The restriction/prohibition of activities has affected many, including a group of students, who distributed school survival manuals in front of the Ministry of Education on the National Children’s Day, and an 18-year-old in Chiang Mai, who wrote “Kids, what do you want to say to adults?” on a banner to invite the public to share their opinions during a children’s day activity organized by Air Force Base 41. 

In early 2023, it was reported that the police were putting pressure on the citizens and activists who organized the “Stand-Stop-Detention” protest in Nan for several consecutive days, even though the activity was peaceful and was deemed fine to proceed in other provinces. 

At the 2023 National Book Fair, the Samanchonbooks booth displayed the text “Abolish Section 112,” before they were ordered to take it down from an unknown source. Afterwards, the police began periodically patrolling the booths at the fair.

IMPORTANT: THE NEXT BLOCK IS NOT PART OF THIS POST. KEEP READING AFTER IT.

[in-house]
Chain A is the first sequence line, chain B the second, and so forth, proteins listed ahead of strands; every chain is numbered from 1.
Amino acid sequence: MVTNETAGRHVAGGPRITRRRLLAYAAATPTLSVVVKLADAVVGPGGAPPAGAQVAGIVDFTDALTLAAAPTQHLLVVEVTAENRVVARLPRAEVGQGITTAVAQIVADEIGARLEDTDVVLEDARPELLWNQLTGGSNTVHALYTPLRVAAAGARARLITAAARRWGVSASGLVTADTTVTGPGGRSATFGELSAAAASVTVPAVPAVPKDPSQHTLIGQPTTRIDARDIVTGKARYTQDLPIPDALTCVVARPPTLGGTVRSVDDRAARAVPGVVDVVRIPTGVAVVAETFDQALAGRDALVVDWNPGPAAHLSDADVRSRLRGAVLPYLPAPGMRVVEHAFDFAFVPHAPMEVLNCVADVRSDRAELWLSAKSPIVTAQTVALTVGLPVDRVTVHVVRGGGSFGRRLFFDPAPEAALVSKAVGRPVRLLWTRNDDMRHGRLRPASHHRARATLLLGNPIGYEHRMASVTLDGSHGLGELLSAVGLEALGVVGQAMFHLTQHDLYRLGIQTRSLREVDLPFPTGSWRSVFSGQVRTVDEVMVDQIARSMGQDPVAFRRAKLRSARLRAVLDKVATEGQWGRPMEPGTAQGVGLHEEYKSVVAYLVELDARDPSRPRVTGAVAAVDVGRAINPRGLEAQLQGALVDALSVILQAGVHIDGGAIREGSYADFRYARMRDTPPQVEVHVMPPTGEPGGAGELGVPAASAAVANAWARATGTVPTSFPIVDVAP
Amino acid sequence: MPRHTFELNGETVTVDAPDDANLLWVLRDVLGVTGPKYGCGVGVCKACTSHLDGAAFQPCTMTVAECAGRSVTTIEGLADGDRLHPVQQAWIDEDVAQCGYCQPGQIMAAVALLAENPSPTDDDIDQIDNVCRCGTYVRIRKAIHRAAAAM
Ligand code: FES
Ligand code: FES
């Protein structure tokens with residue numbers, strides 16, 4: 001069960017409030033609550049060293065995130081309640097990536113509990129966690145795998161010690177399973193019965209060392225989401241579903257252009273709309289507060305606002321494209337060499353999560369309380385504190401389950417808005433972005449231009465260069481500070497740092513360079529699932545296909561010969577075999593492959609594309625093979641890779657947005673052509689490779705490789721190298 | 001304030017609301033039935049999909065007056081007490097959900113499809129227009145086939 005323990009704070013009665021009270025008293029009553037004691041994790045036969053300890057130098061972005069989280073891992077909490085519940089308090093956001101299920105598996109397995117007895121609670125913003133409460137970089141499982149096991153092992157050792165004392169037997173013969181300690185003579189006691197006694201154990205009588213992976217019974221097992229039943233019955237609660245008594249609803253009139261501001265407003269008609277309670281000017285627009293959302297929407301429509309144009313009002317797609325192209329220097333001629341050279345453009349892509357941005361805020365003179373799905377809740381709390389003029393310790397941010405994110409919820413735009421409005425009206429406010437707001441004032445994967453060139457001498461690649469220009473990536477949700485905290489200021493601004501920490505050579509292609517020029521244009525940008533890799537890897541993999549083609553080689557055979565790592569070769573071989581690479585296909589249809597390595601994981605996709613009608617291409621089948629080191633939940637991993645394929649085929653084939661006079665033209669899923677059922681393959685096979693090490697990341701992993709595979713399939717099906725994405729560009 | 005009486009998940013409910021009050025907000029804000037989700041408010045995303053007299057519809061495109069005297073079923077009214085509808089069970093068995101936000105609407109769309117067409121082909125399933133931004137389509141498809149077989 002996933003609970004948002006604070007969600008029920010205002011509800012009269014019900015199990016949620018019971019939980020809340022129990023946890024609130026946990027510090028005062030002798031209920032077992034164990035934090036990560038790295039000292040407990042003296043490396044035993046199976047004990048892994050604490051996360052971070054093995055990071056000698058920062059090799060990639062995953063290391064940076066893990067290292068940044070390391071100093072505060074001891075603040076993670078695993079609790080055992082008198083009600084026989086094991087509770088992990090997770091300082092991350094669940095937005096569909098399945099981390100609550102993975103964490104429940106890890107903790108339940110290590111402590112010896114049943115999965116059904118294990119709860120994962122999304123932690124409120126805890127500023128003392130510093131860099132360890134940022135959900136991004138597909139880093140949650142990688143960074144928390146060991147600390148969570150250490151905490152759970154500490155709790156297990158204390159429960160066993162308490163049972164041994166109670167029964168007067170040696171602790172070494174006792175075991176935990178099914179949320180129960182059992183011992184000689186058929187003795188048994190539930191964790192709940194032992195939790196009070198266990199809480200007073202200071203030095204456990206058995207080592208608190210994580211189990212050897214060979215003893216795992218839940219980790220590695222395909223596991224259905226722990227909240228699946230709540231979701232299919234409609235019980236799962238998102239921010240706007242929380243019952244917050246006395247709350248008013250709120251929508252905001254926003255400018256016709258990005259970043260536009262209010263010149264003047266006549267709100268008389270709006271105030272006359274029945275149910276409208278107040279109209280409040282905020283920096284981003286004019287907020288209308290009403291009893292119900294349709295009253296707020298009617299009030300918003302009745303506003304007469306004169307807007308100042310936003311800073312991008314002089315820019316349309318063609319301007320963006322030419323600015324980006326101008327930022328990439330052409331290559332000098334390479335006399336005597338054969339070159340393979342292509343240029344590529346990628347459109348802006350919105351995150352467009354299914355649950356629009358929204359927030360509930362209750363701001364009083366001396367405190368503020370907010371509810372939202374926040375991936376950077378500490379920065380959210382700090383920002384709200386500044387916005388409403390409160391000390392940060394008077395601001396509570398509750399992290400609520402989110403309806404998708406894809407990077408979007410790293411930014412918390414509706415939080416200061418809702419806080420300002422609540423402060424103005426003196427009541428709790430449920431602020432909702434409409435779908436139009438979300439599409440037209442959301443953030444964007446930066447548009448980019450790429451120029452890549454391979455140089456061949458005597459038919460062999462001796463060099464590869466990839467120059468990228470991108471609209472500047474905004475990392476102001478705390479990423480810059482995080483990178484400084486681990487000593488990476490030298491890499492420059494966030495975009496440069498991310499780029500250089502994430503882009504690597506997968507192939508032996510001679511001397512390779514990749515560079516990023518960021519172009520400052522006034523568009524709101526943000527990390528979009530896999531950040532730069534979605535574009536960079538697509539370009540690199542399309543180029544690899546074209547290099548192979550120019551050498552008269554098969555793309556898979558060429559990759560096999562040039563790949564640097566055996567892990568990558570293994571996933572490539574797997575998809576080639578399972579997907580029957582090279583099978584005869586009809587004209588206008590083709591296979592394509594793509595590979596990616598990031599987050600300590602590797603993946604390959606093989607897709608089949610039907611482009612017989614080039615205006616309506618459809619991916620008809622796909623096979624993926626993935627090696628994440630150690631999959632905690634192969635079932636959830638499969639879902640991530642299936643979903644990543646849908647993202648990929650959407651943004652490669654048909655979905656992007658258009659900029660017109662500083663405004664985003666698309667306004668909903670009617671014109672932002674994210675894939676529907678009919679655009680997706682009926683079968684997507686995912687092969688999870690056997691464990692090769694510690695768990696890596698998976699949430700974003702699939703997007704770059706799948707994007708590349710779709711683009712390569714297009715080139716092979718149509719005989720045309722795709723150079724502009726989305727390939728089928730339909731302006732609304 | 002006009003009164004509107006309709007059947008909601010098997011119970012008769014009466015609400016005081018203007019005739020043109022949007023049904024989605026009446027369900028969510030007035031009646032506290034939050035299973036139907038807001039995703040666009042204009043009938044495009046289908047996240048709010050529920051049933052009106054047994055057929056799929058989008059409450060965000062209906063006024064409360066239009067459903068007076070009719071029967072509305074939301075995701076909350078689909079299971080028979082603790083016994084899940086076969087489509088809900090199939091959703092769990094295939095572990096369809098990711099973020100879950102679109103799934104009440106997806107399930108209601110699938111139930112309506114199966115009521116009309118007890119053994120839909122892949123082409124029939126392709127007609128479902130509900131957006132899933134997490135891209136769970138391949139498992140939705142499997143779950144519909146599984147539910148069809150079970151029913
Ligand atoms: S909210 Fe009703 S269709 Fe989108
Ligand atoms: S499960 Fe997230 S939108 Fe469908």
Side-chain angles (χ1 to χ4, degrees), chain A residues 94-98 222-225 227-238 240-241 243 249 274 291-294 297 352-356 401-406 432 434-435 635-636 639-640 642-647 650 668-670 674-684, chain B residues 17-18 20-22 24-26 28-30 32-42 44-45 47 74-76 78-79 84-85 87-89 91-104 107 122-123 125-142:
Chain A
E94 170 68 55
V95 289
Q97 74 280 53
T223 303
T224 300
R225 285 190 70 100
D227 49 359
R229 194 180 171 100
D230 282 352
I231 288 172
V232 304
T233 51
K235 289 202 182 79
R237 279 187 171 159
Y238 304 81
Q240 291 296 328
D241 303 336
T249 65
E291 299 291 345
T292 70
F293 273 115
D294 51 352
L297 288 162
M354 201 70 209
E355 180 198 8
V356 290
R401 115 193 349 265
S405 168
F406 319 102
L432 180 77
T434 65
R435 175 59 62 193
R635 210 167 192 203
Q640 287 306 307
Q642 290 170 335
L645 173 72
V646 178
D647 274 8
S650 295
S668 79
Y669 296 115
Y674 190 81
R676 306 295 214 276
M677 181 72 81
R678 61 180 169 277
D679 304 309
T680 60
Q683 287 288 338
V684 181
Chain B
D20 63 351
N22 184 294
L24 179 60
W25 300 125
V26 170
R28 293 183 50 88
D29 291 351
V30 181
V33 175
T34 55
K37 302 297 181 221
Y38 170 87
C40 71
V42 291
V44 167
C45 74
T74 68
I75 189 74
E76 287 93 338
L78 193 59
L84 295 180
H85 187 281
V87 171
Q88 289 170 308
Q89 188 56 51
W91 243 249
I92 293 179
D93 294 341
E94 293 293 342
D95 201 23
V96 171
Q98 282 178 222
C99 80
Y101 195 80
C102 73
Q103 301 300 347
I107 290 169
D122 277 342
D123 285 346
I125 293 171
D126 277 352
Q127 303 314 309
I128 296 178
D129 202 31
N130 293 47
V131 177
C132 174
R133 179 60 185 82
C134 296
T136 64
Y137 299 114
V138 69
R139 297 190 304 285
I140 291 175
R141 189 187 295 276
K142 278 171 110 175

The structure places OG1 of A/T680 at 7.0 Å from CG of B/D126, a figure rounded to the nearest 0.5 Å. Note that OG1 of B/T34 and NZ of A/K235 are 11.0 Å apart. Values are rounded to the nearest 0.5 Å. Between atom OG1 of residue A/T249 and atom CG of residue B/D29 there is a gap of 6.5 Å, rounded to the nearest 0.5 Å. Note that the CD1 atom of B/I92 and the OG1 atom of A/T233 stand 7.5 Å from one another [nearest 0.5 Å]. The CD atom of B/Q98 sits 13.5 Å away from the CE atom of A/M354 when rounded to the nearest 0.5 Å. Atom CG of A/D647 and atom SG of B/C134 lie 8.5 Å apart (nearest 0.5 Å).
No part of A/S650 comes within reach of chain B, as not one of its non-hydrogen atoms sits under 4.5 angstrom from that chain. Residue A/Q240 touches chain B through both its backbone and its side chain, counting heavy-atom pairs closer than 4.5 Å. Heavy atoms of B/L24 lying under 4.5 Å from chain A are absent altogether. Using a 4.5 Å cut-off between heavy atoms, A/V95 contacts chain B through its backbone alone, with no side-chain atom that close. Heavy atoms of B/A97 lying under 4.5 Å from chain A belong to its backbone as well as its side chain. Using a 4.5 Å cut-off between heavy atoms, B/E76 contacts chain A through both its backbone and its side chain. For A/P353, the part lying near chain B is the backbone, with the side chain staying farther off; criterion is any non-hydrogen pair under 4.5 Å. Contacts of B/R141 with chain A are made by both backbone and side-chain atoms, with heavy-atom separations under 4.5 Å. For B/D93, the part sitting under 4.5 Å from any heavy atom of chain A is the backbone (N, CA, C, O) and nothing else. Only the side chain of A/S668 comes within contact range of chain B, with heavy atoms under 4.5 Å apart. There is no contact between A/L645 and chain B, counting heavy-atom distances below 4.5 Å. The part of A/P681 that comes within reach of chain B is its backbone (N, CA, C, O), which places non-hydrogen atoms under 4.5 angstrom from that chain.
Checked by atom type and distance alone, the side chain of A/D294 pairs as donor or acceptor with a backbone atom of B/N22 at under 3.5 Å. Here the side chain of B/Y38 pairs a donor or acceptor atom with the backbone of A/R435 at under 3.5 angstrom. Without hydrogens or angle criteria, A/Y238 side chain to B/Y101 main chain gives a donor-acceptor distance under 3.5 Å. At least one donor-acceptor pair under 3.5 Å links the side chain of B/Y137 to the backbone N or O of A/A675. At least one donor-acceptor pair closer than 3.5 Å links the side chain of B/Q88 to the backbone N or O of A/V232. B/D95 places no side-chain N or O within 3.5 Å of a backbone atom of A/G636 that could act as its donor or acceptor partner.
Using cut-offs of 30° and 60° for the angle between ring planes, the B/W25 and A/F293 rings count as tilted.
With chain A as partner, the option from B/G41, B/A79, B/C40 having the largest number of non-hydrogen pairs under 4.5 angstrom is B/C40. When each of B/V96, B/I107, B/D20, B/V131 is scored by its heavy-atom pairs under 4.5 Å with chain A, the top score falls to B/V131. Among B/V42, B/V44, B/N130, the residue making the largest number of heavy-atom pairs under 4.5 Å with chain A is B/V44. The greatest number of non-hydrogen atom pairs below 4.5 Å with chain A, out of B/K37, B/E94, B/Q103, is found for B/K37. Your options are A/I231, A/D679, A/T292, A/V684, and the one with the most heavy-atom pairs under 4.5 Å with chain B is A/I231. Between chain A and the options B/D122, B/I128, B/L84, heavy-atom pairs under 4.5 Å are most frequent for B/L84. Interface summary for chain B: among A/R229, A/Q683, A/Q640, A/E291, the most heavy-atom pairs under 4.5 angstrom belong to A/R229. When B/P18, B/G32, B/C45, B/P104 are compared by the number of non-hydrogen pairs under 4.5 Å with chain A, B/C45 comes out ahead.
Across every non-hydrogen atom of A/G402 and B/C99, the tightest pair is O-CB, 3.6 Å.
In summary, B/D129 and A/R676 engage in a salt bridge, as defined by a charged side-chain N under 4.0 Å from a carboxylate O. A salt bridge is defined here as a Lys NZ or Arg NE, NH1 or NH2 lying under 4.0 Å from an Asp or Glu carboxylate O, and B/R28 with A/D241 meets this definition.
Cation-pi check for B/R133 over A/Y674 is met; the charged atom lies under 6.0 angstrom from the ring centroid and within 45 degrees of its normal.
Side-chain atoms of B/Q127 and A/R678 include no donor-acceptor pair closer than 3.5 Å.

During the post-election period, amidst the Move Forward Party’s attempts to form a government, protests were held to call the Senate to respect the people’s votes. TLHR found that some activists in Bangkok and other provinces were approached by authorities, who then took pictures of them and inquired about their plans, as well as whether they had attended any of the protests.

Activities held during this time were also met with certain restrictions imposed by state authorities. For instance, a group of activists in Chonburi  responsible for organizing protests against the senators were subjected to house visits from police officers. In Uttaradit, Move Forward Party supporters were planning a public activity to support Pita Limjaroenrat as the PM candidate but were barred from entering a public venue (that was normally free for the public to access) with padlocks and chains by the Volunteer Defense Corps.